We cannot begin to provide ourselves with everything we need to function in the world today, so over time both cognitive and emotional intelligence has taught us that the quality of our life depends on the quality of the lives of those around us. If others are safe and satisfied and creatively challenged, they are better able to cooperate with us in the interdependent processes of family, community, and commerce that make up human civilization. To our detriment our technological success has created a false vision of independence that makes it seem as if each of us can make it more or less “on our own” because our life support system seems to be accessed through a mechanical interface with “society” or “the economy” rather than cultivated as an intimate relationship with our community. Consequently we are not forced to do the reality testing necessary to determine what level of true empathy and care we need to contribute to the real social network that supports us. Our recent technical “success” has allowed us to withdraw, isolate, and exclude others in ways that are eroding the very foundations of our economic security.

The values that underlie the long-term thinking, visioning, planning, and execution that have built civilization thus far have given way to shorter and shorter profit cycles designed to enrich individuals and companies regardless of what effects they may have on the larger system and those who serve in its other functions. Greed, no matter how cocky and well-heeled it may appear, is always the direct expression of one unsustainable emotion: fear – the fear of not having or being enough. Sometimes it is seen in the external environment, but much more often the lack is perceived as an internal, personal inadequacy that must be compensated for by getting more and more with the King of the Mountain mindset that destroys all hope of social, economic, and environmental balance and jeopardizes survival of the species.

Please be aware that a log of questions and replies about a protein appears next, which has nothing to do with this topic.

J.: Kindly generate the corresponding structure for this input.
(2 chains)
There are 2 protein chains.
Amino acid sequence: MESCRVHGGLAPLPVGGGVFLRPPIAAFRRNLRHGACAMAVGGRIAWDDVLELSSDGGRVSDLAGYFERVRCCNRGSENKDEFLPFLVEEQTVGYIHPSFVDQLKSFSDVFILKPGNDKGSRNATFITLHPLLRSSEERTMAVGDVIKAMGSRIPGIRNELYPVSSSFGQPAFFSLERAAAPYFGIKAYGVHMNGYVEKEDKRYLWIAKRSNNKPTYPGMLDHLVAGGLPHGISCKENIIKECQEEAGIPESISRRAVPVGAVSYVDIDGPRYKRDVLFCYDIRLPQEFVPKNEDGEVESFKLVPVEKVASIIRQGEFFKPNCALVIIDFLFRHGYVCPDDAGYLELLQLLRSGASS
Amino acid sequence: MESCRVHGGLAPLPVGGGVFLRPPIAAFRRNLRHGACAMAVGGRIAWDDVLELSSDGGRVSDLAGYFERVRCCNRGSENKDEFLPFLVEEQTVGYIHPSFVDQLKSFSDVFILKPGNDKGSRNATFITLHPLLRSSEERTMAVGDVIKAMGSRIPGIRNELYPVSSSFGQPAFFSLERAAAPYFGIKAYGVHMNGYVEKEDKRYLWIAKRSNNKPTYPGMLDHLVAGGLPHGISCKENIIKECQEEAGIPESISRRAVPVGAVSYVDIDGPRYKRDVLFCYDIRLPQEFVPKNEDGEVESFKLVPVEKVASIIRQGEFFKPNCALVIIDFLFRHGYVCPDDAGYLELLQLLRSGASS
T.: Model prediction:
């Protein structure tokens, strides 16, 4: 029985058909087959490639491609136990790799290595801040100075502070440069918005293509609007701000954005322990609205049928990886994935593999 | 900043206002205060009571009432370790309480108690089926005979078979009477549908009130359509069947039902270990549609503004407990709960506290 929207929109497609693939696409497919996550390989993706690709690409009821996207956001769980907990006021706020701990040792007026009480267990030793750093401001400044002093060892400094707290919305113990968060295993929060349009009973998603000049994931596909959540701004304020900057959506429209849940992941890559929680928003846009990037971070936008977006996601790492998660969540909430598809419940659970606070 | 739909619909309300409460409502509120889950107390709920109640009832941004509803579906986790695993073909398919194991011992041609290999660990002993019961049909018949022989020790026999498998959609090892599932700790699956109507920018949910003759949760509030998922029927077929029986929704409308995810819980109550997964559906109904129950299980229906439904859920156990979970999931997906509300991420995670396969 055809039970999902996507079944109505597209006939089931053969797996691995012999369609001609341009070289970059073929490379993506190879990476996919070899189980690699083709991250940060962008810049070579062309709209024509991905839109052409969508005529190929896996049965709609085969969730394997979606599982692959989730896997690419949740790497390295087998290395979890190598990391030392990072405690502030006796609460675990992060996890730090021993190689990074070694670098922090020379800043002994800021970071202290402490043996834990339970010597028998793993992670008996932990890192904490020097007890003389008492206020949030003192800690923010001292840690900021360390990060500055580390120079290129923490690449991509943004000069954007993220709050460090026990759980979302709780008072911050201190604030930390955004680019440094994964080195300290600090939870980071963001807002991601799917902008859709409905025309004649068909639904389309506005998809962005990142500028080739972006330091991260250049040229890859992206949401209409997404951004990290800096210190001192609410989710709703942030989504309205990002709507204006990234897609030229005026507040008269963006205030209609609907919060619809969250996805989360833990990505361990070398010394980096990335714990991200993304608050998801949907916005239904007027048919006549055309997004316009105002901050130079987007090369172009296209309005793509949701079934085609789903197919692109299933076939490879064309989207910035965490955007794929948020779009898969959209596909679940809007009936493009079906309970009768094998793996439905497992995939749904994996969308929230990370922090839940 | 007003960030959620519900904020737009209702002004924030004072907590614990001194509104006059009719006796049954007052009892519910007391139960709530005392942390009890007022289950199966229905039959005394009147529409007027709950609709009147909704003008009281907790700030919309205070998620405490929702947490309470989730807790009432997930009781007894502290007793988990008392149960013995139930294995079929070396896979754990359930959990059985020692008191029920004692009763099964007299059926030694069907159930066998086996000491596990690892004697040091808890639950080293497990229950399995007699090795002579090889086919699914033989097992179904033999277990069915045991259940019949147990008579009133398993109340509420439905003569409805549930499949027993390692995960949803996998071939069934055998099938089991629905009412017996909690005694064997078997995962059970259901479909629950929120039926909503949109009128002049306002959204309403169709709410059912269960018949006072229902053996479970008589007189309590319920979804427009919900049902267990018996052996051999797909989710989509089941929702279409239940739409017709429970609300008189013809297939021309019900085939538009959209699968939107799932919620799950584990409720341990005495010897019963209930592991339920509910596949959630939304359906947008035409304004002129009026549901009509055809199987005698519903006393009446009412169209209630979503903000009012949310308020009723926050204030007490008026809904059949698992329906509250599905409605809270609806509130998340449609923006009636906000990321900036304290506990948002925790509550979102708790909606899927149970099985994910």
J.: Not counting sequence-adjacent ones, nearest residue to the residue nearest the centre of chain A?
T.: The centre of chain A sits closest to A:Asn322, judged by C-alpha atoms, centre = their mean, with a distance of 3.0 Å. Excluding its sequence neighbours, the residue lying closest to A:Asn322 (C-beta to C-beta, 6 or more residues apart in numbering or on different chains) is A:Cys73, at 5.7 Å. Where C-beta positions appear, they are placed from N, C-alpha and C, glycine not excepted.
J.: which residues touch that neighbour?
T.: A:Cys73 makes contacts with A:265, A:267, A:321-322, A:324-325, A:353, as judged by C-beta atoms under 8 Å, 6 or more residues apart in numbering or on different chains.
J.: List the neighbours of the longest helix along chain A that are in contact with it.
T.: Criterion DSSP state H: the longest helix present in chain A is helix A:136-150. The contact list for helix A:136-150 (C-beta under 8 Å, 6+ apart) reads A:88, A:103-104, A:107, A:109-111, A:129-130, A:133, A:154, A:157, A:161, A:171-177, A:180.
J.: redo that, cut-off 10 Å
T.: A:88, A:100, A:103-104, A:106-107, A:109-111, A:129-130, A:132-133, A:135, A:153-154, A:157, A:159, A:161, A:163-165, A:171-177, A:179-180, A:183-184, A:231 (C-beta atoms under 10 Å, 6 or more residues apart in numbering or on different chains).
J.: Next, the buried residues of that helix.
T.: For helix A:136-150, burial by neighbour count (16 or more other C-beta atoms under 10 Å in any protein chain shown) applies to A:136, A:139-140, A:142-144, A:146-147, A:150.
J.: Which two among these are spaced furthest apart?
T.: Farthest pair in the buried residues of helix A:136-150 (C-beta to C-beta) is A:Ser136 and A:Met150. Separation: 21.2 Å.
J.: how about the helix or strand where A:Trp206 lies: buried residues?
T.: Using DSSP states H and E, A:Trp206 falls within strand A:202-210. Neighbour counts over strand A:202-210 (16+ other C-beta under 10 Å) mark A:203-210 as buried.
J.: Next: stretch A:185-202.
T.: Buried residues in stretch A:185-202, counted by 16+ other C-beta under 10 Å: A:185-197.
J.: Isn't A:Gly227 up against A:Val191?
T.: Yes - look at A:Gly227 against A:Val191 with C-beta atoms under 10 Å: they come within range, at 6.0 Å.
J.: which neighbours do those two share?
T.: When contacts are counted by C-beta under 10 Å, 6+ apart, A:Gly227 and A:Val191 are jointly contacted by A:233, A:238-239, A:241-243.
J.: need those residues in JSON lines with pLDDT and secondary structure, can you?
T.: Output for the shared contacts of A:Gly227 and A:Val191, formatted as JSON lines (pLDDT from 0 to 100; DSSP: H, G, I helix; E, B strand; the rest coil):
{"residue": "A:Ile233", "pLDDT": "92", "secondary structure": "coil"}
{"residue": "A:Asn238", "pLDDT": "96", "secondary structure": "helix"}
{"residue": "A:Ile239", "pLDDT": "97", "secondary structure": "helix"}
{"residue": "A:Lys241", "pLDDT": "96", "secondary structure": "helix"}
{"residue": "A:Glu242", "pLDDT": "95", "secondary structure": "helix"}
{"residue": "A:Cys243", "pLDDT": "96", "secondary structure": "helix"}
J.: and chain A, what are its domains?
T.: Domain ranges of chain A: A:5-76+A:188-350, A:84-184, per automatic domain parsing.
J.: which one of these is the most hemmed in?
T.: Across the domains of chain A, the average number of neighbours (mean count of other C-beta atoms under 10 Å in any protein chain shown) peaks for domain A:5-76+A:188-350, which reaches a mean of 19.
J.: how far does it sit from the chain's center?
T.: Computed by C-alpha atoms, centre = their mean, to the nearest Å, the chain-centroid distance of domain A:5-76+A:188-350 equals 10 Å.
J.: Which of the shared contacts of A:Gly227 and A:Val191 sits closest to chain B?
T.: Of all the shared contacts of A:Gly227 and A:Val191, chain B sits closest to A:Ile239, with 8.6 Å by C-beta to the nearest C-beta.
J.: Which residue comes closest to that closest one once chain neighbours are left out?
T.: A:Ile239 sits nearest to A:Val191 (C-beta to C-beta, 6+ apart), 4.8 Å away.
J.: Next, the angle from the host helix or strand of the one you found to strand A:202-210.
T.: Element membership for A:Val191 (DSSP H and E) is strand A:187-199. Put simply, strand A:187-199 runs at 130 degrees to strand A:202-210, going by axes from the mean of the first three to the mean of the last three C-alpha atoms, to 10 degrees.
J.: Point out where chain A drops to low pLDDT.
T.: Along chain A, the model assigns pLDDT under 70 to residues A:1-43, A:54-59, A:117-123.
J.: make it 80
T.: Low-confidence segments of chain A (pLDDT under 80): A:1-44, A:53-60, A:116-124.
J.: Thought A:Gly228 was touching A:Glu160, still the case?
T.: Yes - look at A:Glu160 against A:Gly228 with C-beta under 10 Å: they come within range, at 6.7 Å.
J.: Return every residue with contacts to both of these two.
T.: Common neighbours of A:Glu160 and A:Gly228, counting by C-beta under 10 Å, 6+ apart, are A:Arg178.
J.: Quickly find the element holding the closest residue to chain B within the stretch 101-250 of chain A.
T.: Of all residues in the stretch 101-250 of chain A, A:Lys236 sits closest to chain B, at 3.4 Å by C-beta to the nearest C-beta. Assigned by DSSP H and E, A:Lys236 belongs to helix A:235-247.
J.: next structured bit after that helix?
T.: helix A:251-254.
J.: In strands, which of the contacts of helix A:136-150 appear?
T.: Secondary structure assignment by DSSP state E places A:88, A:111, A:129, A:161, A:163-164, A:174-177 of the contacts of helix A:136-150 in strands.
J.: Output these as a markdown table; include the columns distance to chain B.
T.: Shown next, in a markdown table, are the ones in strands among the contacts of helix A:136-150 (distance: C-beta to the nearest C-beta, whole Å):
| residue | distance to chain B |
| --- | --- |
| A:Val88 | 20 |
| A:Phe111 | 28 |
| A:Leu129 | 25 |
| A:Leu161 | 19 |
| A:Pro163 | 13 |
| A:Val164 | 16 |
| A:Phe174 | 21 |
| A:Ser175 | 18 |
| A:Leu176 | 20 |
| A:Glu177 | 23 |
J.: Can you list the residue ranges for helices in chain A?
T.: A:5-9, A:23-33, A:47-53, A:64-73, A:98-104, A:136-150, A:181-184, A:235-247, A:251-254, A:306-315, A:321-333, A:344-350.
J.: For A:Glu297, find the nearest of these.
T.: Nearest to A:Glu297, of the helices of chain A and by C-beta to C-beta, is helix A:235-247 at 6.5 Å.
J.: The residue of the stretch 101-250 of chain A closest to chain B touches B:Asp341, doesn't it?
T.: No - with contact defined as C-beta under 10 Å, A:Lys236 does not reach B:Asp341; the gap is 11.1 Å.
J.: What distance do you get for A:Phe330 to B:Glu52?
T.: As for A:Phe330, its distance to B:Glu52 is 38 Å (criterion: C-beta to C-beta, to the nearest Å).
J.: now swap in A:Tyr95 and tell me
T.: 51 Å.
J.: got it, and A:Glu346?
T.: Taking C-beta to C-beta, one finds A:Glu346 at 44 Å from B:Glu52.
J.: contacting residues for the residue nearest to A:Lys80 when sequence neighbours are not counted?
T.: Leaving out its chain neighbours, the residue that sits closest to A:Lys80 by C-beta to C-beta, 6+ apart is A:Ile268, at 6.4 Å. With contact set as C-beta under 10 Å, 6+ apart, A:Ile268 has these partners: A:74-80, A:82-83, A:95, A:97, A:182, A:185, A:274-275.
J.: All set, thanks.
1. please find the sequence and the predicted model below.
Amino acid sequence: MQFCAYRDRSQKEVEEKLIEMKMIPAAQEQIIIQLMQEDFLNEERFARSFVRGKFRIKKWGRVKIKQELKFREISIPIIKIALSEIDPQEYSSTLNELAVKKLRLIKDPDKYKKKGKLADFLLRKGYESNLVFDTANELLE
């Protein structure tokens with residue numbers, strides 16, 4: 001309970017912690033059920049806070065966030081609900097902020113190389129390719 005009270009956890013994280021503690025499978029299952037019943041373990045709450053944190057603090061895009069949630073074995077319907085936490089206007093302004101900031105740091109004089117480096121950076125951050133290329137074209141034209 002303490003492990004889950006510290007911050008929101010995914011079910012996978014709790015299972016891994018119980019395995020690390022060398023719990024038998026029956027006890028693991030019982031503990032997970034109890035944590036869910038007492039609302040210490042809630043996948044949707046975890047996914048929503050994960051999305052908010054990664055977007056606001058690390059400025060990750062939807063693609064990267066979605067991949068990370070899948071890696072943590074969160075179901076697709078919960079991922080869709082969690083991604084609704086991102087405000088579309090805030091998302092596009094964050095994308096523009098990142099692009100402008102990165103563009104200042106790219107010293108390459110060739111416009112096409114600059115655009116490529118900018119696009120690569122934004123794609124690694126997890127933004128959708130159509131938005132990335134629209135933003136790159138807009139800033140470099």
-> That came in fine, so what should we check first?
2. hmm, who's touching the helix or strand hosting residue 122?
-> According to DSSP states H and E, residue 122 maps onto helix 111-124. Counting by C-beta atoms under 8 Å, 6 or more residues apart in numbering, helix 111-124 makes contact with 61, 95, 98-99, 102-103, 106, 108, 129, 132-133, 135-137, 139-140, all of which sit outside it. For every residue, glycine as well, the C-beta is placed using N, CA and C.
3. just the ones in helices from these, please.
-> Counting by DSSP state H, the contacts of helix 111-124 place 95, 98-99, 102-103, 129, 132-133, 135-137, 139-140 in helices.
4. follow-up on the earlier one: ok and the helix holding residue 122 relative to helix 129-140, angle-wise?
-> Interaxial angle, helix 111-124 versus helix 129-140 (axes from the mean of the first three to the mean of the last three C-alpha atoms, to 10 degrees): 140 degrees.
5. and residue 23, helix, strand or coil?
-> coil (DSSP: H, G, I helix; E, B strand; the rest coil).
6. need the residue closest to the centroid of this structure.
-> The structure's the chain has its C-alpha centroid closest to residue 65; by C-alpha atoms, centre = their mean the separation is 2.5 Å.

This is a call to action. Achieving emotional sustainability in business requires the courage to value team members’ personal feelings about their work and their organization as critical data that must inform all decision-making. Learning how to contribute and incorporate these feelings in the workflow effectively is a skill as new as iPods. Both teams and leaders need education, training, and practice. The pioneers at Collaborative Growth can facilitate your process. The Team Emotional Social Intelligence Survey (TESI) and the EQi 2.0 can measure your progress.  Stay tuned for more examples of the innovative potential for building sustainable organizations when the core skills of the TESI and EQI 2.0 are used together.  These highly effective strategies for developing an emotionally sustainable workplace are available and critical to our success as a civilization.